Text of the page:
Most politicians, scholars and business people agree that exports are good for the United States and participating companies. But just how good has been difficult to determine. And the impact on U.S. workers has been questionable for some time.

Over the past few years, however, more data has been collected and analyzed. And the quantifiable results are very positive.

The Benefits Are Vast

It stands to reason that selling your products in more markets, located throughout the world, will not only raise your corporate sales figures, but spread the risk, should a particular country or region experience a period of slow or negative economic growth. But that’s not all.

According to the report, Why Exports Matter: More!, published by the Institute for International Economics and The Manufacturing Institute, “in U.S. plants that export, worker productivity is higher, jobs are compensated better and technologies are adopted more aggressively than among non-exporters.”

Exporting Plants Perform Better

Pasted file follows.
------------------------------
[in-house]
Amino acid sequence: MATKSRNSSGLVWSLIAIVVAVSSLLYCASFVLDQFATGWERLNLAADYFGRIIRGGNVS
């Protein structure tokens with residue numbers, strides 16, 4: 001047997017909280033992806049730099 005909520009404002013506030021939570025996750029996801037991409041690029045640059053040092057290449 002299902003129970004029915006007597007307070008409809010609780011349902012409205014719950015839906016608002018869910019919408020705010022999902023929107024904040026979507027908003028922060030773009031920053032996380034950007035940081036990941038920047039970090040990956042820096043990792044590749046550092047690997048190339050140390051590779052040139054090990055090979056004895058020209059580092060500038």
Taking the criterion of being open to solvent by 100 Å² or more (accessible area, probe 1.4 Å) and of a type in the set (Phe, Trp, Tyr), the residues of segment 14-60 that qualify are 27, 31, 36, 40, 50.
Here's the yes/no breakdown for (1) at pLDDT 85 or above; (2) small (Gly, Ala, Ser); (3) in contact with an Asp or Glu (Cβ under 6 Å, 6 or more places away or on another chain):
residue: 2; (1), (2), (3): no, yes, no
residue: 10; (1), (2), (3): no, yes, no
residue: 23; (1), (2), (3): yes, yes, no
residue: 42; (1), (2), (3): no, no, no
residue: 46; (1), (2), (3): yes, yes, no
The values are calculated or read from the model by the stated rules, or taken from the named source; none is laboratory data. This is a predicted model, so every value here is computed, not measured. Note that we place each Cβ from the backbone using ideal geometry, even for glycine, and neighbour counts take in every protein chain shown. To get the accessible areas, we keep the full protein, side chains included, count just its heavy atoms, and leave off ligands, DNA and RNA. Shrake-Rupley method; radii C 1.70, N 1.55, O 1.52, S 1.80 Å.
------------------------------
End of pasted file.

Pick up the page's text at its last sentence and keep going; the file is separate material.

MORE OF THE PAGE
The report contends that since the late 1980s, plants and firms that have sustained an export commitment, or that have initiated exports, experienced almost 20% faster employment growth than those that never exported or stopped exporting. Additionally, these plants and firms were 9% less likely to go out of business in an average year.

During the period of 1987 through 1992 (latest available statistics), employment at a typical plant fell 2.5%, while employment at exporting plants grew approximately 18%, indicating better corporate performance. In fact, the report states communities that hosted exporters benefited from a stable, growing high-performance workforce and tax base.

How Much More Do Workers Earn?

According to the Office of the Chief Economist at the Department of Commerce, workers in jobs supported directly by exports earn 20% more than the average national wage. Workers in high-technology jobs supported directly by exports receive 34% more. And workers in jobs supported both directly and indirectly by exports are paid 13% more.

This article appeared in October 1998. (NB)
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John Manzella
About The Author John Manzella [Full Bio]
John Manzella, founder of the ManzellaReport.com, is a world-recognized speaker, author of several books, and a nationally syndicated columnist on global business, emerging risks and economic trends. His latest book is Global America: Understanding Global and Economic Trends and How To Ensure Competitiveness.




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